Six-Day-Old is Hospital's First for ECMO Transport
A six-day-old baby from Emporia, Kansas was the first to travel to St. Louis Children’s Hospital while receiving ECMO. ECMO is an advanced treatment that uses a pump and oxygenator to deliver oxygen to vital organs – doing the work in place of failing heart and lungs.
Almost immediately after his birth on November 11, the baby had difficulty breathing. Doctors at the family’s home hospital discovered only one side of his body was receiving oxygenated blood from his heart. He was airlifted to a pediatric hospital in Kansas City, where the medical team found and removed a clot in his aortic valve. He was just two days old.
The very next day, his pulmonary function continued to decline. Without another option, he was placed on ECMO, which is a temporary solution while a child’s condition stabilizes and improves.
St. Louis Children’s Hospital, the most active heart transplant center in the region, had just launched its ECMO transport program on November 1. It is believed fewer than 6 other hospitals in the nation offer pediatric-trained ECMO transport.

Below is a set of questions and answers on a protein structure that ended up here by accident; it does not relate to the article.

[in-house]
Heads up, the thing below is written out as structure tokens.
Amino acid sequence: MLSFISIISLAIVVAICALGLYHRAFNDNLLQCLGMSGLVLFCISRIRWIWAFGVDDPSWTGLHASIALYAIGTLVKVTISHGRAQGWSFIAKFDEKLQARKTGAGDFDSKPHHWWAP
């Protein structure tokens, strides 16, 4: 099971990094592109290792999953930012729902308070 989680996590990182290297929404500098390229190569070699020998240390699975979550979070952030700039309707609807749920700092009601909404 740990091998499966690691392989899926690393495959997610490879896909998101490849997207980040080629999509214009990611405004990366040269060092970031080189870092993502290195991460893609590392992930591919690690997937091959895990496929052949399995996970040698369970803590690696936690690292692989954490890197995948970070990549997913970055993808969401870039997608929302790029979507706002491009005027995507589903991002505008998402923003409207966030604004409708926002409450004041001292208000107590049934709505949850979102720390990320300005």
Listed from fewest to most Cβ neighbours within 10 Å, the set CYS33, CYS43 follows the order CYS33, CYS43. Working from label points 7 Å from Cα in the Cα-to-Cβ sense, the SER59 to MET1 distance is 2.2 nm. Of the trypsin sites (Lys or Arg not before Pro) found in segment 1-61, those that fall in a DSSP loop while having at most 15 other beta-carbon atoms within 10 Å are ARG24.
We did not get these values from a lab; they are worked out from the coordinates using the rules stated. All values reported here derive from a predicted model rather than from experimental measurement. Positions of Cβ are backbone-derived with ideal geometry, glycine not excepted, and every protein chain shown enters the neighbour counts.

A physician, two nurses and a perfusionist accompanied the newborn on the fixed-wing flight from Kansas City to St. Louis on Saturday, November 17.
By Monday, the newborn had been placed on a Berlin heart, which is a ventricular assist device used to support a child until a donor heart becomes available.
“As a leading transplant center, the hospital’s respiratory and heart failure population has substantially increased, along with growing numbers of patients on ventricular assist devices and paracorporeal lung assist devices,” said Celeste Capers, MD, medical director, Transport Service. “Patients like these may require ECMO prior to definitive care, and currently only a handful of centers across the country provide pediatric ECMO transport.”The ECMO Transport service was made possible by a generous donor to the St. Louis Children's Hospital Foundation.